Now we are somewhat more sophisticated, we believe that the seat of consciousness resides in the brain. But, never the less, we still locate it within the body. Now if you think of the universe historically, it is fairly easy, each of us individually, to divide it into three eras. Most of us believe, and I share that Jerry, that the universe existed before our birth, that there was a physical reality and there were other people and that history and the fossils are not totally made up. So, that is the first era. Then there is the era of our consciousness that we are all sharing now, that has varying, different lengths for each of us since we are each born at different times and will surely die at different times. And then finally, although it is a somewhat more problematic issue, most of us believe that the universe will continue after our death. Although, there are some, like Madonna, who believes that when she dies, everything goes. But never the less, we will accept that there is probably a third era.

Now, if one were to believe in the afterlife, that is to say, in the idea that consciousness could exist independent of the corporeal body, you would have to accept that your consciousness was present in all three eras, because the brief time that you are going to be here on earth, in your corporeal body, is unlikely to have any lasting effect on the universe. The universe had a particular form and shape before you were born. It will have a particular form and shape after you were born. And except for the very exceptional individual, none of us are going to leave more than a very faint, transient mark.

You can think of it a bit like the sea, at the shore. You can go down to the sea and see the waves coming up on the beach and think of the sea itself as that great body that represent all of our collective consciousnesses. Then you see the waves roll in and each wave separates, it rolls and it rises to a peak and it crests and it breaks and it perhaps leaves a brief mark on the sand. Then flows back into the sea.

The Japanese have a belief that the seventh wave in each set is higher. And that the seventh seventh, the 49th wave, is the highest of all, before the cycle starts again. Thus we can see, in human existence, there are occasional individuals (Einstein, Jesus, Mahatma Gandhi, Hitler) who leave longer and more indelible marks. But even they will fade away in history.

We know now that human history is very long. It is much longer than has been written. We, each of us, have an individual knowledge typically, sometimes acquaintanceship, of the last three generations that preceded us. We know historically, with fairly good accuracy, about individuals who lived thirty generations before us. That takes us back perhaps to some 600-800 years ago. We can go back 100 generations, that is to roughly the time of Christ, and there is still knowledge of individuals. If we go back 300 generations, we are only left with a few of the largest artifacts, such as the Pyramids and mythological evidence of individuals. Yet 300 generations is nothing in the history of the human race. Certainly 3,000, most probably 30,000, perhaps 300,000 generations have passed during which we have, as a species, been virtually unchanged. We have been born. We have grown up. We have looked up at the moon and the stars and wondered why and wither and whence. And we have died. If we believe today, that our consciousness came out of somewhere and will return to somewhere, that has been happening over those 300,000 generations.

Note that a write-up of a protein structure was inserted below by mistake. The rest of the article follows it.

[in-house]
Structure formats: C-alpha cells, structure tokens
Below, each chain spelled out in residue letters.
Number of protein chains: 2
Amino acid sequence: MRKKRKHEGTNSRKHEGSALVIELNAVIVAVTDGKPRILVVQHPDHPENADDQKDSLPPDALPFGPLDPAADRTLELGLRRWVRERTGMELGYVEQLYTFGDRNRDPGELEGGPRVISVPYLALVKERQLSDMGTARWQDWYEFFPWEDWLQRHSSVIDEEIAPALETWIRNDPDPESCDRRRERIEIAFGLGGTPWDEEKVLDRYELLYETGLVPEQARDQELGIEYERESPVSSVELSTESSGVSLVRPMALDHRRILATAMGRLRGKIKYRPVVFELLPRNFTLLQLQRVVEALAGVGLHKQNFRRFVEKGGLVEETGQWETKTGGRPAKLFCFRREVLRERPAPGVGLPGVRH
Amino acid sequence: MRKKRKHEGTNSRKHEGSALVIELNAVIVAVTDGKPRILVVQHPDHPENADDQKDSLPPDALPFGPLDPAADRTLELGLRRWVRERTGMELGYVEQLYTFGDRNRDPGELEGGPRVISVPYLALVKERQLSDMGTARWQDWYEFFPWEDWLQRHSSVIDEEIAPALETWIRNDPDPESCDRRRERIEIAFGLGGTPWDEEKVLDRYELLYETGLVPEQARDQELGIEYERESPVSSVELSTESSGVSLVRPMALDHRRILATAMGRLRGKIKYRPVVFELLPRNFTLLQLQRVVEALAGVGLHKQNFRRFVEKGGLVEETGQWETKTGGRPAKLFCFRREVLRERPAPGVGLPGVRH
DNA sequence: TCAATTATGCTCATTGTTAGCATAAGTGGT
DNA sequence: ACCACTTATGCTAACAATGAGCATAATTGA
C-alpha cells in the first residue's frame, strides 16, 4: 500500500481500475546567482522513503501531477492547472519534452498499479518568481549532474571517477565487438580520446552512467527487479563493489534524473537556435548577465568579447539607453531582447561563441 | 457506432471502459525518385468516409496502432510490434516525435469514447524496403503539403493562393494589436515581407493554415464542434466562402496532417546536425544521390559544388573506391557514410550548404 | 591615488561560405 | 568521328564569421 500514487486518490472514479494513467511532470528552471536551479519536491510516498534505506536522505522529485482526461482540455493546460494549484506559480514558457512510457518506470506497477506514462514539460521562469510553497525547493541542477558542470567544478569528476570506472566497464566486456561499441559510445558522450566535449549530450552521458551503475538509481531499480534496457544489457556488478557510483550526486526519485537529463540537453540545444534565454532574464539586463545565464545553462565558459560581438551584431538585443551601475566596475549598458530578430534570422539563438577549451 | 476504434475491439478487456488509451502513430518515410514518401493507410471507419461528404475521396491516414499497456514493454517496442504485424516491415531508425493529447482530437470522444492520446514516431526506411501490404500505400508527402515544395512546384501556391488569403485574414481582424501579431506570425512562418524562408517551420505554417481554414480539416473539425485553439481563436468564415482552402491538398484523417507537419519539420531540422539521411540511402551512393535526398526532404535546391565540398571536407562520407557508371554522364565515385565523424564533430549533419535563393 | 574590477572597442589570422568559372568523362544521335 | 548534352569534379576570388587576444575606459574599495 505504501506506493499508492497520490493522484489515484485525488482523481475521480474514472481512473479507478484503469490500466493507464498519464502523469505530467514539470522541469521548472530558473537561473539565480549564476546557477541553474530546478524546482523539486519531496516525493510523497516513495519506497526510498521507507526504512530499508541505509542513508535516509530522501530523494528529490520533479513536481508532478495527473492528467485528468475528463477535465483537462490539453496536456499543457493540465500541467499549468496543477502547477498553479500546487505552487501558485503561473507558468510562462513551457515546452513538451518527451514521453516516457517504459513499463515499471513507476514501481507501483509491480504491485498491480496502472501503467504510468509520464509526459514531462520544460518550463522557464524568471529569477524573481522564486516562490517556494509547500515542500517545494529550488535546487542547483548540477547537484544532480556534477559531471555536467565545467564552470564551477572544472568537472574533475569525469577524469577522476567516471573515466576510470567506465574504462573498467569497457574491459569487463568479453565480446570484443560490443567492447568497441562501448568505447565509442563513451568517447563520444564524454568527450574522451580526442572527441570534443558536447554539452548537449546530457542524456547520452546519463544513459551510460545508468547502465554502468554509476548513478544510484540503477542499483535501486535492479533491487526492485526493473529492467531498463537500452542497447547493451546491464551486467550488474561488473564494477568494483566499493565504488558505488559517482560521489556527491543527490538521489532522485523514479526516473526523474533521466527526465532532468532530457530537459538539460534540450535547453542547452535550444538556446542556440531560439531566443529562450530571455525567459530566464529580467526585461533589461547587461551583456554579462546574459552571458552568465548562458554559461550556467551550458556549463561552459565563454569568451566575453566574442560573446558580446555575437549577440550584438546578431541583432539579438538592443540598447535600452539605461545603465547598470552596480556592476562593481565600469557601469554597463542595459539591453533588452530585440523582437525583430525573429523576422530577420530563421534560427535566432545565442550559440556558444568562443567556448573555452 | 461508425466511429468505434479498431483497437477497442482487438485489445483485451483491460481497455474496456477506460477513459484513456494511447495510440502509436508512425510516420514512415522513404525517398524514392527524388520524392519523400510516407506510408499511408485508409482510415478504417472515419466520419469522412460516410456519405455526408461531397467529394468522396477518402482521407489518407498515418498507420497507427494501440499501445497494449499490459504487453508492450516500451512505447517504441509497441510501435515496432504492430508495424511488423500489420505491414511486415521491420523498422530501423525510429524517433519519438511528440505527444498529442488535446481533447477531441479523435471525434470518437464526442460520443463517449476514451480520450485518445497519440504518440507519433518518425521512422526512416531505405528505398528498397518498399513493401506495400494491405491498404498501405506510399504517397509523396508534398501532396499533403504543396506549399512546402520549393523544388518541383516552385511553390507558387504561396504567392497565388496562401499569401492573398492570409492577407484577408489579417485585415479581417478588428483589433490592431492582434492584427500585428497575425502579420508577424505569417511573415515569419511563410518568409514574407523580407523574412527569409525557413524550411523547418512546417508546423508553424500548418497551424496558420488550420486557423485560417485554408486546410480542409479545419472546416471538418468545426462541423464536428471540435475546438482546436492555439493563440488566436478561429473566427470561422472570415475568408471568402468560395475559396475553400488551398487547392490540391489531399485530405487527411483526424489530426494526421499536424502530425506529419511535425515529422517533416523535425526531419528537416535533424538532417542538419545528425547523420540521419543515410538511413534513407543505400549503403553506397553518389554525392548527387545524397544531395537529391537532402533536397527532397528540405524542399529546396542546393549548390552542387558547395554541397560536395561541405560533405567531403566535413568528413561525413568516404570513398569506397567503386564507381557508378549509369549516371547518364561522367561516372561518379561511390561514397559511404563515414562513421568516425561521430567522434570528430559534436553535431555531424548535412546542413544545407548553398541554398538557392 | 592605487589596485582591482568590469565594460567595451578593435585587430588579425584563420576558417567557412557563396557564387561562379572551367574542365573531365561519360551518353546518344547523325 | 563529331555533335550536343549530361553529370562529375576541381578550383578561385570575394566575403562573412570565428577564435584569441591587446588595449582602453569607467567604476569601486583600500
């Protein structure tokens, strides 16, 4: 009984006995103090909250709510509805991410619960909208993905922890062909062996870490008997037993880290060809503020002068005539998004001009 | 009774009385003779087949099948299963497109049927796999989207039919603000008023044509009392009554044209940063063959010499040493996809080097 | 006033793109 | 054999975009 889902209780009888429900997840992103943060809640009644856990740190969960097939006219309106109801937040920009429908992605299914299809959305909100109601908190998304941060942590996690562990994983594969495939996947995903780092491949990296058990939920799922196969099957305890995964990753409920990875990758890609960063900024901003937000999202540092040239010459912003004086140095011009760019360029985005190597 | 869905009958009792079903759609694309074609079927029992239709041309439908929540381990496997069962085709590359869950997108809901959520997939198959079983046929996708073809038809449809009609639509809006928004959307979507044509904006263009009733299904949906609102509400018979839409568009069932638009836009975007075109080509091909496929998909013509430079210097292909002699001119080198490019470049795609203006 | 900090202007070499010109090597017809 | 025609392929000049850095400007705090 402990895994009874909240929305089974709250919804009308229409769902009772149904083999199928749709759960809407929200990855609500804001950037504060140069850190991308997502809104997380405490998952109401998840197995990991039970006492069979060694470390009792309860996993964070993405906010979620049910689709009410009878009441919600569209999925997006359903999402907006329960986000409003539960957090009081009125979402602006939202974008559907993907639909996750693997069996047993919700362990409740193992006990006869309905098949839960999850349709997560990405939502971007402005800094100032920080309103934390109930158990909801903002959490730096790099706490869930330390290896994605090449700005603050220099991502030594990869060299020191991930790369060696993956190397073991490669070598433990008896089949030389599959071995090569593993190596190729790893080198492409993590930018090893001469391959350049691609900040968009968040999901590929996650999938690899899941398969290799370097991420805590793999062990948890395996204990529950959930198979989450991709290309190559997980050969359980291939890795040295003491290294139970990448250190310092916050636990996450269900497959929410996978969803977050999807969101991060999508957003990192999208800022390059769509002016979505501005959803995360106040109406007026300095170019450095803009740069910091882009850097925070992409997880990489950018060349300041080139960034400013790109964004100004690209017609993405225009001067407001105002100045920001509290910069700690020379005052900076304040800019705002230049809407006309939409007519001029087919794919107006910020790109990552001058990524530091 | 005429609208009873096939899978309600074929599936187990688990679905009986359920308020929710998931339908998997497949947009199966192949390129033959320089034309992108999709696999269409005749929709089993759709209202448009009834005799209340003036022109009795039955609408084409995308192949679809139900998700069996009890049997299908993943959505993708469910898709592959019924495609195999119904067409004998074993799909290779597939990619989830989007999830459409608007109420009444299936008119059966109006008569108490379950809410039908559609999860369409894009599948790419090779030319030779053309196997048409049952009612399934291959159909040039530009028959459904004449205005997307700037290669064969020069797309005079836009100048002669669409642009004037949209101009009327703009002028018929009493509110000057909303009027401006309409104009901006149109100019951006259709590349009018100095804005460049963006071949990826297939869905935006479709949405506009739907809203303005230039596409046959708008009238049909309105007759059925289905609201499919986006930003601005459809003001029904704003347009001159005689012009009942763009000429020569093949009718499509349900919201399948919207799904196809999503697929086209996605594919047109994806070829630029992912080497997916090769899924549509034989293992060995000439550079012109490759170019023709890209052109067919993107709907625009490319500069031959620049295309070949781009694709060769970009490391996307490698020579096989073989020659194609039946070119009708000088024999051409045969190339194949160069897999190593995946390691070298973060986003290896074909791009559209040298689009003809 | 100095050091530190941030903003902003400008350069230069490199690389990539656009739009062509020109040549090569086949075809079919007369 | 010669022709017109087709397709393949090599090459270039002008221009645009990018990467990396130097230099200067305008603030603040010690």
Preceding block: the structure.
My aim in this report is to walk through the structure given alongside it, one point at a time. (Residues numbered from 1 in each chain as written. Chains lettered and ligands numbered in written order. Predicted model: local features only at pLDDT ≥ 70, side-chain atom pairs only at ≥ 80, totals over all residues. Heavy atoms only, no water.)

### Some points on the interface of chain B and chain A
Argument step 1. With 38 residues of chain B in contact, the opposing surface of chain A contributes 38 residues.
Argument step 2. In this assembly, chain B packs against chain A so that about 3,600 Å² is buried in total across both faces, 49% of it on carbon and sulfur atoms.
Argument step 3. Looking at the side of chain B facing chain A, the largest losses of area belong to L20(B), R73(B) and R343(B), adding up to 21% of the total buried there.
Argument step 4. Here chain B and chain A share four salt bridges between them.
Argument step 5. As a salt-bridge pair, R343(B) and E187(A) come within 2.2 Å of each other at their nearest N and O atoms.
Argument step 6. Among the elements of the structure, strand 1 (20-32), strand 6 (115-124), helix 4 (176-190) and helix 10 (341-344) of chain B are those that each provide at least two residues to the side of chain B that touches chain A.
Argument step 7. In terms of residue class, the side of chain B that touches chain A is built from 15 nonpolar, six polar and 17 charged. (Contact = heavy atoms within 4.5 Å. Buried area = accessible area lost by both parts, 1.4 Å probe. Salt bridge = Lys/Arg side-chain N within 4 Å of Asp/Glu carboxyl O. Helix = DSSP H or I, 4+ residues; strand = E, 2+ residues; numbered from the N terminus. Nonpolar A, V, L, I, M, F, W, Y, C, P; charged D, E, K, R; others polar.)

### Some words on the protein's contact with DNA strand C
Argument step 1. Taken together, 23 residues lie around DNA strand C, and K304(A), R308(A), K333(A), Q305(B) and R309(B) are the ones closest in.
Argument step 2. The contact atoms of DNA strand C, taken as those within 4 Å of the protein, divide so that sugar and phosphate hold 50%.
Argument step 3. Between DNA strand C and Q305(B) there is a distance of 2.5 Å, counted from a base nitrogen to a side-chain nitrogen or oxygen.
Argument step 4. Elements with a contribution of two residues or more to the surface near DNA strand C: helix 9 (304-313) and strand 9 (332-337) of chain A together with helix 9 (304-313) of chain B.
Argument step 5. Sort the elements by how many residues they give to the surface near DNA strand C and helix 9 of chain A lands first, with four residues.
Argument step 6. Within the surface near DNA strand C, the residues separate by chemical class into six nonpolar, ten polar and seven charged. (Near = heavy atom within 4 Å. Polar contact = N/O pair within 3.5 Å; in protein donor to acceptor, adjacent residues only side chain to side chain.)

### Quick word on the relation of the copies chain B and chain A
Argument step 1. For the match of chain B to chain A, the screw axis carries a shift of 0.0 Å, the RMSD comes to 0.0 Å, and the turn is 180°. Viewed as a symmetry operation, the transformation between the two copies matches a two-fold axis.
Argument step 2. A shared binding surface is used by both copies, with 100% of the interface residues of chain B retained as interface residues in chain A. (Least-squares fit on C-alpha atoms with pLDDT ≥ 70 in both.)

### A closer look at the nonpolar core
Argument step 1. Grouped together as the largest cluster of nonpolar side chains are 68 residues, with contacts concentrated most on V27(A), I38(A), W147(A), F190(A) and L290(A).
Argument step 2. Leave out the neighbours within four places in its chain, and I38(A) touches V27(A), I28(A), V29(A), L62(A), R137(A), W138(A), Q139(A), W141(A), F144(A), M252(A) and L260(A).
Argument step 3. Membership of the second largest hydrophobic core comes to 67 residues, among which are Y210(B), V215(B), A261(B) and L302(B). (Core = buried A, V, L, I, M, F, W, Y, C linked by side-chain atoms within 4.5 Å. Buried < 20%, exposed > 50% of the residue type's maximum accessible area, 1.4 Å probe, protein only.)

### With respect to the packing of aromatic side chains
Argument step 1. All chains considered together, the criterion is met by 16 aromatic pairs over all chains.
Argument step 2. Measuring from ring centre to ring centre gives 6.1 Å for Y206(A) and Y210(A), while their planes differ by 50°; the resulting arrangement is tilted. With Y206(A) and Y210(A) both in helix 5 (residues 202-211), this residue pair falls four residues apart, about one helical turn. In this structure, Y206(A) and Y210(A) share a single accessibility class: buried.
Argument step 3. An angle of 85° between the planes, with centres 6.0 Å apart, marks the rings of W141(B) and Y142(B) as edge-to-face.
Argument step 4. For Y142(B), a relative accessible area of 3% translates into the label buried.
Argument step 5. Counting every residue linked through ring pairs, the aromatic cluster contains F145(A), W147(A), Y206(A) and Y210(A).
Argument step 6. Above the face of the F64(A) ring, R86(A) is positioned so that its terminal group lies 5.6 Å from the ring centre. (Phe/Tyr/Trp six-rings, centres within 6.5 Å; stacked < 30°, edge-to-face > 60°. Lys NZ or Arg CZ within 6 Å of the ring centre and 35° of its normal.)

Thus, I am very skeptical of any of these knowledges of past lives. They tend, to me, to be very fictionalized and to be characteristic of current literary and historical and cultural images. They very rarely conform to any even early historic, let alone prehistoric, evidence that we have about humankind.

The real issue, as I said, is what we know and believe about consciousness itself. I think that is a much more constructive matter to focus on. I think the simplest thing to say about it is that, not only has science told us very little about it, but science will probably never tell us anything about it.

I remind you, in closing, of Smila’s remarks about the funeral. She starts out as a scientist observing that the coffin is hexagonal. That is the shape that snowflakes take at some time in there existence. Now, science will tell us a great deal about snowflakes. It will tell us about the shape of the water molecule, and how the molecules associate, and they form hexagons. And how it is impossible to have two snowflakes that look the same. But science, I would argue, will never tell us why Smila can see the snow falling on Isiah’s coffin and think of it as a comforter, that will keep him warm forever.